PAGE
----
Super-Doomed Planet – a review of IF Comp reviews

Some donkey-eared jackass named Wesley Osam, who runs the Super Doomed Planet blog, has compared my last year’s Comp entry, _LAIR of the CyberCow_, to this year’s soulless piece of cynical nihilistic twaddle, _Eruption_.  Unfavorably.

He writes:

(I was, incidentally, amused to note that this innocuous game absolutely incensed the author of one of last year’s nonsensical time wasters, who calls Eruption “a profoundly empty work of non-art” and says the author “carried nothing in his heart to express in a work of IF.” Which raises the frightening possibility that The Lair of the CyberCow was meant as some kind of deeply meaningful personal statement.)

Since he hasn’t posted my reply, either due to the censorious delicacy of his character or the technological voracity of his blog, I’ll address the topic here.  I’ve never defended _LAIR_, other than to apologize for the bugs, but to see this guy pointing and laughing — the subcontext of his comment being, “What a weenie!” — while putting it second to _Eruption_, I think calls for a response.

I’m proud of _LAIR_.  (Something that the author of _Eruption_, you’ll notice, cannot say.)  I regret the bugs, but I wrote it and I meant it and I’m glad I did.  Every decision I made in the design and programming of _LAIR_ was for the purpose of putting a fun and meaningful game in front of the player.

“Meaningful?” you say.  “Meaningful?  A game called ‘LAIR of the CyberCow’ — meaningful?”

–Yeah.  Meaningful.  I stand by that.

“What meaning,” you ask, “could ‘LAIR of the CyberCow’ possibly have?”

Well, I’m not going to answer that.  I don’t believe an author should publish, or even write, reviews of his own work.  But I will say I worked hard on the game — I can honestly say it wouldn’t have been possible for me to work any harder — and I was getting at something, and I meant what I was getting at.

People didn’t like the bugs?  I didn’t like them more.  And it’s not the case that I looked them over, saw that there were bugs that would make it unplayable for some users, and said, “Eh.  Screw ’em.  The players can deal with that.  They don’t deserve any better.”  — And I don’t think that anybody who submits a game to the IF Comp really does do that.

(You see, I’m not primarily writing about my game; I’m writing about Comp games in general.)

What happened was, the bugs bit me in the ass.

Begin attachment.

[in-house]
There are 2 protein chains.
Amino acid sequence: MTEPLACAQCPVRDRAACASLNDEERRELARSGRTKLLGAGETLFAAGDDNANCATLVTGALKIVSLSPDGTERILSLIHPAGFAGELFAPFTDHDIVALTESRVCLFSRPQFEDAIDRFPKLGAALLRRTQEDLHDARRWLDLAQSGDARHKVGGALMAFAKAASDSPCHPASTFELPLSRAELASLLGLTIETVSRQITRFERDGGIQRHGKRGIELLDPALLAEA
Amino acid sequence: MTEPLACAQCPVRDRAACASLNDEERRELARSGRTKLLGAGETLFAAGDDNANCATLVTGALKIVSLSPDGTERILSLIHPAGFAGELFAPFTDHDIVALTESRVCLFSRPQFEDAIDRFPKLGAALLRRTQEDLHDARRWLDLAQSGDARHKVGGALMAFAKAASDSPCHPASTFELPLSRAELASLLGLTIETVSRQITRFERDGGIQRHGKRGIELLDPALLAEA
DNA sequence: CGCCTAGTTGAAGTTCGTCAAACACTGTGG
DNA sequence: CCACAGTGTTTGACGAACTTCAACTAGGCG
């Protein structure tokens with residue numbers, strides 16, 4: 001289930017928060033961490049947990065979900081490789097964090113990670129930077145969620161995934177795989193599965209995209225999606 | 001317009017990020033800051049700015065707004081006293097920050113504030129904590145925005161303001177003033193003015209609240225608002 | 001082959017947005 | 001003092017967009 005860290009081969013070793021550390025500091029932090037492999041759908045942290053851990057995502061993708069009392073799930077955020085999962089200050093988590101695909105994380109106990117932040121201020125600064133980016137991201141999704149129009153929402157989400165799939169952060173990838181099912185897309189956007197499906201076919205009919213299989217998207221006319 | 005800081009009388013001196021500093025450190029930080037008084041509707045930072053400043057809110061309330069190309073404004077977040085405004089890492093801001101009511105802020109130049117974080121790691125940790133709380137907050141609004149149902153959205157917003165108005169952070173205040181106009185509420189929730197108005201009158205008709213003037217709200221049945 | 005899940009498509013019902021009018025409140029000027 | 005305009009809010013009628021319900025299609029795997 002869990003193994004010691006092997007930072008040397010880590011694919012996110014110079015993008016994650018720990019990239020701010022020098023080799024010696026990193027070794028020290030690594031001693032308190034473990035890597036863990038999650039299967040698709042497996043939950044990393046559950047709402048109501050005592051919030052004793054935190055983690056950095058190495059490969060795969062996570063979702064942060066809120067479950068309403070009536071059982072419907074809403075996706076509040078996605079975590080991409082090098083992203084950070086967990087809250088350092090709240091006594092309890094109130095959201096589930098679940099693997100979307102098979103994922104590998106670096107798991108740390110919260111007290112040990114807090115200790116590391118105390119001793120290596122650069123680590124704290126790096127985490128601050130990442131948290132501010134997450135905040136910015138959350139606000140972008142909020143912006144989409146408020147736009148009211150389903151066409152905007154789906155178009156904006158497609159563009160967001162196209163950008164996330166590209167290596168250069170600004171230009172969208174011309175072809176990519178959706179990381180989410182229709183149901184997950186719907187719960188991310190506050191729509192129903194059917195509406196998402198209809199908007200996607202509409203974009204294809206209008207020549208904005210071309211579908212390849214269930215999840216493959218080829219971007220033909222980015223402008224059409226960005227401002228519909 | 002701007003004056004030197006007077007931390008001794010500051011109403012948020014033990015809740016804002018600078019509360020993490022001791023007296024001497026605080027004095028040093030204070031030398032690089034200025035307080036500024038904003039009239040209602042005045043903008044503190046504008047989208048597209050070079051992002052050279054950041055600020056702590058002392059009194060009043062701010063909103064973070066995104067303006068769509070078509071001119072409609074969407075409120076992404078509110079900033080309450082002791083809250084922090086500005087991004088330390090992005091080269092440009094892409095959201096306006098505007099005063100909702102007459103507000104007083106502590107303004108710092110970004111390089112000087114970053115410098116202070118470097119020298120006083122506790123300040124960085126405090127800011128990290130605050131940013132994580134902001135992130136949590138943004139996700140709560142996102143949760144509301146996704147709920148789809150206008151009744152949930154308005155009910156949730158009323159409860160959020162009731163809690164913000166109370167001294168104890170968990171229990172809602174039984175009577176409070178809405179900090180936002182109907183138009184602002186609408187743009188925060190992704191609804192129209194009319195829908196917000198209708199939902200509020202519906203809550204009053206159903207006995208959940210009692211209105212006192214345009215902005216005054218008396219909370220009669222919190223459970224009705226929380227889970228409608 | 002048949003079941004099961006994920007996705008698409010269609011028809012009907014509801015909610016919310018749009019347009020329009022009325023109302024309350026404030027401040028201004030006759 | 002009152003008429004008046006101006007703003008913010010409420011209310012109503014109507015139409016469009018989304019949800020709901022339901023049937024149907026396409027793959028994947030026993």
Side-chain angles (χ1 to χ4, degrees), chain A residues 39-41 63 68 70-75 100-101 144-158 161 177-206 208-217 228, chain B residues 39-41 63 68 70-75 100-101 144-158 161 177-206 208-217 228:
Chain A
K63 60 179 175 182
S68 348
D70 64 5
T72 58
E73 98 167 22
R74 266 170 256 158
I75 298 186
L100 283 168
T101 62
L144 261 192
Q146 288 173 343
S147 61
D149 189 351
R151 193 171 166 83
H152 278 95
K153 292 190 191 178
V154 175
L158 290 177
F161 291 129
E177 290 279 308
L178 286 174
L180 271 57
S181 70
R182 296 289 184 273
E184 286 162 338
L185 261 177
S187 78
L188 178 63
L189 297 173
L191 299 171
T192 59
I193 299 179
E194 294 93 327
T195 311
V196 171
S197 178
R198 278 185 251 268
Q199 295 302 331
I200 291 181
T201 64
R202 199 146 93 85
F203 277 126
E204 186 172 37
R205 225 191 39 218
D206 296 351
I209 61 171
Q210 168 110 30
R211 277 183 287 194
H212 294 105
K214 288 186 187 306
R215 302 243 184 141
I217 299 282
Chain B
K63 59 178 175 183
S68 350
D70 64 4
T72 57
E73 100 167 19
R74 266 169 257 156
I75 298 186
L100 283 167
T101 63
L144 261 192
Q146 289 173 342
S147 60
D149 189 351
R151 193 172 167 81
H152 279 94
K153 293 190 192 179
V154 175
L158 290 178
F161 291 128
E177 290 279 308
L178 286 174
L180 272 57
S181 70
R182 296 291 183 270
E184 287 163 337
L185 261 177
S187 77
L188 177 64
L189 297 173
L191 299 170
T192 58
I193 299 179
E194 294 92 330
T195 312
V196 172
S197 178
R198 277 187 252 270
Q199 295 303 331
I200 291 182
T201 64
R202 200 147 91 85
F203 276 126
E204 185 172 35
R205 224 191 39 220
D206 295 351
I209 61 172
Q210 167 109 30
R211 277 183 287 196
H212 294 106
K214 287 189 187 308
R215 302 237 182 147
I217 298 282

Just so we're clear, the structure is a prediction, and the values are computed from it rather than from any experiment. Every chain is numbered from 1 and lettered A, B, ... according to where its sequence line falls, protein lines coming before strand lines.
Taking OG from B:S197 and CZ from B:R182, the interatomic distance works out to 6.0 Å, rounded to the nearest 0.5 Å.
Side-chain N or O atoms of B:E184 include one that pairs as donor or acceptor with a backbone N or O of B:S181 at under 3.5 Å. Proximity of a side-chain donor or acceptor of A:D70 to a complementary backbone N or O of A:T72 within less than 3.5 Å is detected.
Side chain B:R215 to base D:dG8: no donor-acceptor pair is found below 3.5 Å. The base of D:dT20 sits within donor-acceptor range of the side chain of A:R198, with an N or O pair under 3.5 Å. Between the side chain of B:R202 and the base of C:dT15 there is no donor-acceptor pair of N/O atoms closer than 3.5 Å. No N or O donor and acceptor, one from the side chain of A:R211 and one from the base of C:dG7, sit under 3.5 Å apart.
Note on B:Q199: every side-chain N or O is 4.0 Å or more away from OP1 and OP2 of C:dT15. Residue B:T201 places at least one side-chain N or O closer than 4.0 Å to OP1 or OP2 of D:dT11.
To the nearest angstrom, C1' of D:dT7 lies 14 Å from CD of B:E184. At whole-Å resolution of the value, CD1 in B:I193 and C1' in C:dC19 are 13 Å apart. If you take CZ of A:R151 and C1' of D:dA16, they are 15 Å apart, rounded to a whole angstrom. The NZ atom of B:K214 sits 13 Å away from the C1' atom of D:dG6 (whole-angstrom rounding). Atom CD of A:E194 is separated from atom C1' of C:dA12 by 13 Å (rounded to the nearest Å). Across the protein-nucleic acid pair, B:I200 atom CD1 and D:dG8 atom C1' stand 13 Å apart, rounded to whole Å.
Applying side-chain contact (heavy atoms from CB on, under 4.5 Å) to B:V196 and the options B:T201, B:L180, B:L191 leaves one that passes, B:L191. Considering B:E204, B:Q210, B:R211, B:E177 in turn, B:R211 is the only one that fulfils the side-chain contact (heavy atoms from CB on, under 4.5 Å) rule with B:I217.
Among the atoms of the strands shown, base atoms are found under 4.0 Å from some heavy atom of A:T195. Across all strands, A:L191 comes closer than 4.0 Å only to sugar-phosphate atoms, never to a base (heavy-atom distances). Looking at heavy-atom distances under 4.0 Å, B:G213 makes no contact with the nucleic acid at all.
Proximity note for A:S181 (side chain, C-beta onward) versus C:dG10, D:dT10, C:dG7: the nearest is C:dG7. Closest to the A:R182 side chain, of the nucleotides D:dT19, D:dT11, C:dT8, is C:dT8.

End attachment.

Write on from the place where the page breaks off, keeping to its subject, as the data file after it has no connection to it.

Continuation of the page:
I remember at the time telling several people that I *did* beta-test.  In retrospect, that’s only partially true.  What I did was mostly a lot of alpha-testing.  Didn’t know the difference.  And it’s an important difference, with Adrift, because all variables are global, and they are referenced by their position in a massive linked list.  So one change upstream can (sometimes) have a cascading effect that throws everything out of whack.

Those errors largely I caught, thanks to my beta-testers.

The version I released wasn’t even that buggy.  But people didn’t play the version I released:  they converted it; they played it in weird (meaning standard) interpreters; they played it with other versions of Adrift.  And the conversion process hopelessly corrupted the game.

So people reviewing it said it was broken as a game; it was unplayable; and it was a waste of time.  One guy ended his review with, “Fuck you.”  Word got out, people made up their minds, and very few gave it a chance.

Many thanks to those who did.

But the technical problems really are my fault:  I shouldn’t have gone with Adrift, and I should have beta-tested it under Comp-like conditions:  “Here’s the game file.  Now run it.”

Even so, it is a radically different thing to deliver a work of art that tries to express something and fails, through failure to master the medium, than it is to deliver a work of art that makes no attempt to be interesting or meaningful.

I teach English as a second language.  Let me ask you:  which would you rather listen to:  a long story, a joke, from someone whose pronunciation and grammar are more wrong than right, that you might not get, but that they honestly think is funny — or a long joke told with perfect diction and enunciation, that the teller *knows* isn’t funny?

My view is that the first case can be improved, because grammar and pronunciation can be taught, but the second cannot — at least, not from without.  When someone doesn’t have the basic idea of communication, but is only trying to get something out of you — some money, a grade, a Comp score — you have nowhere to start and nothing to work with.